Hairless Rats And Bulldozing Babies—Not Your Mom's Mall Any More
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I hate shopping malls.

This is a cruel irony in light of my all but lethal shoe addiction. But I knew the expression "life isn't fair" had to be more than a t-shirt slogan.

So I'm thinking about getting a dog and I went to look at a few furry beasts in a local pet store—yeah, in a shopping mall.

Interesting side note: In 1996 I owned a cactus for three whole months before it bit the dust—umm, literally—so sustaining the life of an actual mammal should prove exciting.

But if I can do it, I will surely get married and have 12 children!

Then I would finally match the profile of most women at the mall now—well, except for the marriage part.

This mall in my hometown in central California was erected about 20 years ago when I was but a wee lass. But I do remember the way it was then—several generational groups, almost entirely non-Hispanic.

Now my mall is overwhelmingly, almost exclusively Hispanic—comprised mainly of three generations: mother, daughter and grandchild. The oldest is generally no more than 35-40 years-old.

Walking the mall back in the day—remember, this is less than twenty years ago—I would pass Mr. Oliveira who owned the local dairy but talked incessantly about developing some of his land for tree crops because "everybody loves nuts."

I might pass Mr. Bowden who failed me in Geometry, twice, and blacklisted me from school dances, twice.

He would probably stop and lecture me on the subtle beauty of quantum mechanics, making plain his glum view of my intellect while his chronic halitosis left me on the edge of consciousness.

There would be at least six teenage girls, fresh from the beauty parlor and coiffed for the County Fair beauty pageant, shopping for dresses and gossiping about the one princess who is not with them that day.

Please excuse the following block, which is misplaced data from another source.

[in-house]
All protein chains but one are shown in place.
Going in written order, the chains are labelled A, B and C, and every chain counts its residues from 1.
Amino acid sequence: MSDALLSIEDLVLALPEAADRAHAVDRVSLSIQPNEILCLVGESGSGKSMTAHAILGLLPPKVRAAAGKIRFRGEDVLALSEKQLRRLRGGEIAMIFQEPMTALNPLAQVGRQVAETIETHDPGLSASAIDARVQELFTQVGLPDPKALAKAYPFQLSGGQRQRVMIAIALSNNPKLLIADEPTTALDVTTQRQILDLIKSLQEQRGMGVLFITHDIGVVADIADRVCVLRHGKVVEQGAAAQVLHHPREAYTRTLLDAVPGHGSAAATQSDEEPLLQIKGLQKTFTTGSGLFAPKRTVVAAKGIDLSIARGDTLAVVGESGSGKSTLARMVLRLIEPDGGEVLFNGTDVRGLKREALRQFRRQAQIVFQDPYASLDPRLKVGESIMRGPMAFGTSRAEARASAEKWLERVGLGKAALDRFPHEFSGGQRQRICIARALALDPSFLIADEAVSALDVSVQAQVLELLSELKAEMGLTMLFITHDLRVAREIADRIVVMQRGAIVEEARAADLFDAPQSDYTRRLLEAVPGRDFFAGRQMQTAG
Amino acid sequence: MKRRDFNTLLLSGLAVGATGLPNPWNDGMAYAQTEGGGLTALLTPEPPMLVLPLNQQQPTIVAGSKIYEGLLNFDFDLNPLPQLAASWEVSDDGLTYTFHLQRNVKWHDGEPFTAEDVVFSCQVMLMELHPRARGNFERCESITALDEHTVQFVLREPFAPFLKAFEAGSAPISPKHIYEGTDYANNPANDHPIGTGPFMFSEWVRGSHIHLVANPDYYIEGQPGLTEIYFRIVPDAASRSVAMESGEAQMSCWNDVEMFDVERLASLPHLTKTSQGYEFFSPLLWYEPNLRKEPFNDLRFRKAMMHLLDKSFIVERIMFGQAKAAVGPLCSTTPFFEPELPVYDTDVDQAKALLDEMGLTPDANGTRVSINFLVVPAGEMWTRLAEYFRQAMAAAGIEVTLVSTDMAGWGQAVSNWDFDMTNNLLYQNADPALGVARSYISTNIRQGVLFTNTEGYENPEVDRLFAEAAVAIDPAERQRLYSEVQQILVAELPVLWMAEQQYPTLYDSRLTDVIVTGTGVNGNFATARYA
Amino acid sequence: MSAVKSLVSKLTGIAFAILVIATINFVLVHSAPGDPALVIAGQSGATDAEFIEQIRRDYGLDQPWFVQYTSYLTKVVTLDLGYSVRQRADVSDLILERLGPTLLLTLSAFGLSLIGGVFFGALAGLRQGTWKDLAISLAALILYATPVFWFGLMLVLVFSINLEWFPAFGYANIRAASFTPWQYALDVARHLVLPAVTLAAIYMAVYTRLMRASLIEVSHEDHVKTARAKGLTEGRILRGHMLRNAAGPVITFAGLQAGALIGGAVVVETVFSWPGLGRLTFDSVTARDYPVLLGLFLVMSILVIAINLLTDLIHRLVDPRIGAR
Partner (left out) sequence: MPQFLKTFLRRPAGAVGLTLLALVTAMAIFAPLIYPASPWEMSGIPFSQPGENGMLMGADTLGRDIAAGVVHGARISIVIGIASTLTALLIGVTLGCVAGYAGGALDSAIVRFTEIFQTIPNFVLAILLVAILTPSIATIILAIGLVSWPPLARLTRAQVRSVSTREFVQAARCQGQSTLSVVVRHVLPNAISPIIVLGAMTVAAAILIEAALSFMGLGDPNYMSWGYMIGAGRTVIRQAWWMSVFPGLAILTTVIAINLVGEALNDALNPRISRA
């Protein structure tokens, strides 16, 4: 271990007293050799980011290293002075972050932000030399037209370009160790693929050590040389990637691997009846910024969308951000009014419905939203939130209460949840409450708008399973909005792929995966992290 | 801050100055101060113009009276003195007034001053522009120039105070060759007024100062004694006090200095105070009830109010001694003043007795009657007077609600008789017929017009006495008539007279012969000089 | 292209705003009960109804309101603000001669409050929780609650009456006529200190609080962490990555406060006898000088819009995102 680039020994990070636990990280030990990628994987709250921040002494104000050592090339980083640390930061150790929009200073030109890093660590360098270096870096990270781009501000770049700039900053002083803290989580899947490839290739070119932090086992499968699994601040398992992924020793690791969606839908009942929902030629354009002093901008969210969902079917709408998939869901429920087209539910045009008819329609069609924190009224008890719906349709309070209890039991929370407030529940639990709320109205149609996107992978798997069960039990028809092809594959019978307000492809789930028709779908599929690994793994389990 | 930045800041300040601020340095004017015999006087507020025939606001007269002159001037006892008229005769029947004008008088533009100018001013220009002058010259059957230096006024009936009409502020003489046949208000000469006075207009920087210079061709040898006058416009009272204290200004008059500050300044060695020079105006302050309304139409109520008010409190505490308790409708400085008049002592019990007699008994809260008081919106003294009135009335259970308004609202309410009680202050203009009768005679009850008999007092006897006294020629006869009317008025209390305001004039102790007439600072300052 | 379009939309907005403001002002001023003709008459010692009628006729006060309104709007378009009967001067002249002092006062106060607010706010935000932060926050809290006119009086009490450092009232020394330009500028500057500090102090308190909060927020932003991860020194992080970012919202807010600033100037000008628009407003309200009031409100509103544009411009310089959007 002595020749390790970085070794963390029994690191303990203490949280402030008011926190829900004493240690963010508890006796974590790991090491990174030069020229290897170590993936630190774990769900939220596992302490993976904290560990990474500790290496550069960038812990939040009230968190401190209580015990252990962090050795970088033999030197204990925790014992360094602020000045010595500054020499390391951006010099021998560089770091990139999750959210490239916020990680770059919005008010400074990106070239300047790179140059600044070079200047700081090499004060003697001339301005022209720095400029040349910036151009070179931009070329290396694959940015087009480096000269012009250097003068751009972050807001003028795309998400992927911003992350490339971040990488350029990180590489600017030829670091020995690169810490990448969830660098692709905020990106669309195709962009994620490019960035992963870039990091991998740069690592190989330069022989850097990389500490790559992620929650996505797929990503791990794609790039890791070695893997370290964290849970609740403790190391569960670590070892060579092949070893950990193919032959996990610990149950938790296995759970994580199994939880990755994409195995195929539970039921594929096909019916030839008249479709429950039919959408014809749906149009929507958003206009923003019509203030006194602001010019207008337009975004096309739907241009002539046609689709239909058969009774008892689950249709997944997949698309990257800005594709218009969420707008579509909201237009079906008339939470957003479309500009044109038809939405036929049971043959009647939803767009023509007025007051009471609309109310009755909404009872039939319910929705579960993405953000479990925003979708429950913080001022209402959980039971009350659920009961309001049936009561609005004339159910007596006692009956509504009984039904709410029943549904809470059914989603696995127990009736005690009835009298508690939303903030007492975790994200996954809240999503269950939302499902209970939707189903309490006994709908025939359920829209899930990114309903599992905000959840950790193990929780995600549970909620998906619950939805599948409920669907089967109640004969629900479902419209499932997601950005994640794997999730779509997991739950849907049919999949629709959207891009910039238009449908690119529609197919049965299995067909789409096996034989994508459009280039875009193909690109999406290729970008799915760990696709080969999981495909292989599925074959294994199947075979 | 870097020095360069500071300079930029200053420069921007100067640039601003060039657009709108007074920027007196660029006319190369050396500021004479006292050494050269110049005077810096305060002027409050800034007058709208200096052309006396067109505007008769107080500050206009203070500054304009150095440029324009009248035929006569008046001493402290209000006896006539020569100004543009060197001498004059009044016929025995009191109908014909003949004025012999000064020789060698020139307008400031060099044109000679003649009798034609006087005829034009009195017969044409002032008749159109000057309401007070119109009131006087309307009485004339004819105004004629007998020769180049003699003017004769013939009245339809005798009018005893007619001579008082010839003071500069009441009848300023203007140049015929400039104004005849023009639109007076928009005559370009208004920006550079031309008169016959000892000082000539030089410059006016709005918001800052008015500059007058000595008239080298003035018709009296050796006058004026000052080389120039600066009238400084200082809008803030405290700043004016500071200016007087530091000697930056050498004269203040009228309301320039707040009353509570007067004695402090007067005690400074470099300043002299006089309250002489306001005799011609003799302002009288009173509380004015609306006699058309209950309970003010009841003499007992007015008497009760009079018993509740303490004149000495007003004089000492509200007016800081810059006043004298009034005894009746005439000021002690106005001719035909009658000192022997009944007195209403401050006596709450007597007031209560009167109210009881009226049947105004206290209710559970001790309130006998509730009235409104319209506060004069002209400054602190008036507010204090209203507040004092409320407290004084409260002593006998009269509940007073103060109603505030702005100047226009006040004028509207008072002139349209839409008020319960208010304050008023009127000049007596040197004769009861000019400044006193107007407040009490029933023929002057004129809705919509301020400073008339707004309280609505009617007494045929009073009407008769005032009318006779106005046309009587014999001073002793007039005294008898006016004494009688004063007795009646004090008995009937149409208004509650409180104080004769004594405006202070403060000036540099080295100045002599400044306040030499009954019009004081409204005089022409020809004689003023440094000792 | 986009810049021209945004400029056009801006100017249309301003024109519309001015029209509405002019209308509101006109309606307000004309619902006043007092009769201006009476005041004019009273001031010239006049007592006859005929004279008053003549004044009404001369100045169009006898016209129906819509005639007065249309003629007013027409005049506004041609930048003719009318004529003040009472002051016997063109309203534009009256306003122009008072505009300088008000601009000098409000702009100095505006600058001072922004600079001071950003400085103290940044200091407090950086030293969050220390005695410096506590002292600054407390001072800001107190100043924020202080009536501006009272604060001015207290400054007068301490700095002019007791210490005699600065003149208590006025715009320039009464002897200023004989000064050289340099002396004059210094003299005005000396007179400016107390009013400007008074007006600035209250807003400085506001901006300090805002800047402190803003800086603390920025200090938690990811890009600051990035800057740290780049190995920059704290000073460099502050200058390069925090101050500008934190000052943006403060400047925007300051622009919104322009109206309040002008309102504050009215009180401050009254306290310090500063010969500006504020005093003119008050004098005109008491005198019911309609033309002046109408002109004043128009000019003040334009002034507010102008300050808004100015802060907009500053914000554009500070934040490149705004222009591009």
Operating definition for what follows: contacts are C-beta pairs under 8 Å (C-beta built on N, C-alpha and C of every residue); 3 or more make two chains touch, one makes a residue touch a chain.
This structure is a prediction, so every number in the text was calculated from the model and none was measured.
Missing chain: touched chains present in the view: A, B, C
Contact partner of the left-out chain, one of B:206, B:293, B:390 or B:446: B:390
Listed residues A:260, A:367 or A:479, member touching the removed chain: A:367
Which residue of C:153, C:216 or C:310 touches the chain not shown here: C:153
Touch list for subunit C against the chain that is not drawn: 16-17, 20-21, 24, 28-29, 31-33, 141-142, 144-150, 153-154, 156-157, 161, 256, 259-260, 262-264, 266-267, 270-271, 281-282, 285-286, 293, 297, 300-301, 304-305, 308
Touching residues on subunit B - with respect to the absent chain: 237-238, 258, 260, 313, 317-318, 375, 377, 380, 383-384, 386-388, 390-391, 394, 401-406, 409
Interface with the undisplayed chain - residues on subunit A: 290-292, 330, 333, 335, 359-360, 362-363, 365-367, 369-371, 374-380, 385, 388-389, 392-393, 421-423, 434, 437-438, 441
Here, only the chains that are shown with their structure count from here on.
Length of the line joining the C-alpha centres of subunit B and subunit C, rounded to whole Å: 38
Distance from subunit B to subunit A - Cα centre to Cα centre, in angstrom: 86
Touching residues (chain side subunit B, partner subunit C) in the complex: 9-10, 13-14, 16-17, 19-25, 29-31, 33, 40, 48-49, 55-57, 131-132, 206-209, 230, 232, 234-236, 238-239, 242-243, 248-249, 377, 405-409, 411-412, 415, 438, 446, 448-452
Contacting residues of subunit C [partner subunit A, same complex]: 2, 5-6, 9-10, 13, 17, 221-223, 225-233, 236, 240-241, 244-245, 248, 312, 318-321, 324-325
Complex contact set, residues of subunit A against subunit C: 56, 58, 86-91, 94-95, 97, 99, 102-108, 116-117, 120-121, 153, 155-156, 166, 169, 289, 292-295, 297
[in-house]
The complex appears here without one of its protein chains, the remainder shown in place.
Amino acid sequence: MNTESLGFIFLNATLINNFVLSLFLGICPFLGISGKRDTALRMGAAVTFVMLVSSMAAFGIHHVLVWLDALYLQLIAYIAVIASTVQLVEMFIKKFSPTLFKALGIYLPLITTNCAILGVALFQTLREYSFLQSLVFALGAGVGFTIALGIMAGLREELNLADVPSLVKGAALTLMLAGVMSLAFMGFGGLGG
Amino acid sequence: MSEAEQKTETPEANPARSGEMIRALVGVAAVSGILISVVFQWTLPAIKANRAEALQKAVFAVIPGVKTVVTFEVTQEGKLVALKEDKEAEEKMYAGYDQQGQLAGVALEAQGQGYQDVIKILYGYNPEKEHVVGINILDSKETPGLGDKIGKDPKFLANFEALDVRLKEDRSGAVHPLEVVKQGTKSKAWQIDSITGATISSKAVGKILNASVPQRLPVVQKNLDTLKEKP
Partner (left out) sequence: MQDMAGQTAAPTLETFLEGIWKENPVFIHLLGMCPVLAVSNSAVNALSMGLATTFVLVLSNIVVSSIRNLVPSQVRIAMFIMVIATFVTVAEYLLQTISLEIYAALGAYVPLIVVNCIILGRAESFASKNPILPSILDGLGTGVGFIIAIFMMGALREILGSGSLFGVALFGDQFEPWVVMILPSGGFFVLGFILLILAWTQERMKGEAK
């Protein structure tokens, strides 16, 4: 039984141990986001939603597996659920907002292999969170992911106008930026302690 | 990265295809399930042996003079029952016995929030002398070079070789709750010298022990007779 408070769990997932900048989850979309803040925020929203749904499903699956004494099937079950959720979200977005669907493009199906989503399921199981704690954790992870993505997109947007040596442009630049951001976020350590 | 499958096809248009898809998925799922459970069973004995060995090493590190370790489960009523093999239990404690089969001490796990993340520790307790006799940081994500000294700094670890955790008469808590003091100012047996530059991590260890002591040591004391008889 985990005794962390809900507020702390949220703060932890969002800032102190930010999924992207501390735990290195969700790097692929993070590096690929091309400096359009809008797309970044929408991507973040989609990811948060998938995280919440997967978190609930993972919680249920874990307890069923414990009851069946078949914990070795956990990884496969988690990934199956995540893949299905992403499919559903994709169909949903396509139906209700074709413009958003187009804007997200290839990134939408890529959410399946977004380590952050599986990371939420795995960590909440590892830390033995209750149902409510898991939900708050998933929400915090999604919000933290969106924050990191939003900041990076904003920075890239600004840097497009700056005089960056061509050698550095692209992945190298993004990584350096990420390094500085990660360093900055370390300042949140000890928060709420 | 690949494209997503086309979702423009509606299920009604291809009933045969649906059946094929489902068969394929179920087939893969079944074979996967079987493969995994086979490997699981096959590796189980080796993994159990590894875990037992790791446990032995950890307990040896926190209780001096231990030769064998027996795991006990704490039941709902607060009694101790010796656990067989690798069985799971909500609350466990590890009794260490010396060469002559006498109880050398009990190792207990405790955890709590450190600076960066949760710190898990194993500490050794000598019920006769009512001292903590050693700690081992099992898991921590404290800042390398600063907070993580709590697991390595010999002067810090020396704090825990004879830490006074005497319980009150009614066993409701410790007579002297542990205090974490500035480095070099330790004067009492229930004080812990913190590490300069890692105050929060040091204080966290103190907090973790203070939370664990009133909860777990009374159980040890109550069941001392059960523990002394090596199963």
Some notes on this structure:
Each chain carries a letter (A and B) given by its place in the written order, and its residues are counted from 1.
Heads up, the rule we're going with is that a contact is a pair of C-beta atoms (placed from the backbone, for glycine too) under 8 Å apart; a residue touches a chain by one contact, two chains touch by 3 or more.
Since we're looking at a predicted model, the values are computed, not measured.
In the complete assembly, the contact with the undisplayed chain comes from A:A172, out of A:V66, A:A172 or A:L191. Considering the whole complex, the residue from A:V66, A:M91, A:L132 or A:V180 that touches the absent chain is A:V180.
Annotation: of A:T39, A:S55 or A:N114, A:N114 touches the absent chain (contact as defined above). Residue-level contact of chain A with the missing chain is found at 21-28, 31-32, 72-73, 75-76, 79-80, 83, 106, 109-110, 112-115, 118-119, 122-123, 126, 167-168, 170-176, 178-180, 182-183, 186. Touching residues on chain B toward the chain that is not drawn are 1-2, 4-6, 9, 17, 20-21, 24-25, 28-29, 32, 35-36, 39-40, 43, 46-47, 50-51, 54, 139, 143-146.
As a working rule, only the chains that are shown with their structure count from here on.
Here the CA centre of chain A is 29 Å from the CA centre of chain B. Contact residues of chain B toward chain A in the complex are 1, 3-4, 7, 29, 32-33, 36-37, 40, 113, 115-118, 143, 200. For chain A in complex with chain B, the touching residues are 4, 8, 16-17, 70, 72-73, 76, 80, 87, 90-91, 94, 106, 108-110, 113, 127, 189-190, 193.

Snippets of other mall conversations included the plummeting beef market and those greedy east-side farmers hogging all the water by frivolously flood-irrigating everything from pasture land to window planters.

Oh, and the wives. They would sit in front of the A&W and whisper (or so they thought) about Mrs. So-and-So or better yet, Mrs. So-And-So's daughter.

What a scandal! She was caught making-out with Mr. Oliveira's son in the back of his flat-bed when they were both supposed to be at the rehearsal for the County Fair beauty pageant. She will never amount to anything, that little Jezebel

Just ask the six girls we passed a few minutes ago.

And the old folk—the once ubiquitous retired population. They frequented the mall both to catch up on the news and to escape the blistering 115-degree heat.

I mean, every other couple must have been over 70.

But what I encountered in this same mall last week was a slightly different crowd. In the way that Joseph Stalin has a slightly different reputation than say, Thomas Jefferson.

My first stop, you know since I was there anyway, was at a cutie-girl shop to buy new Hello Kitty lip-gloss. (I know, not only is it designed for 7 year-old girls but it is also imported from a country whose economy I would rather not support—but I can't help myself.)

I was glancing through the rack when I heard a tromping noise approaching and looked up just in time to see it: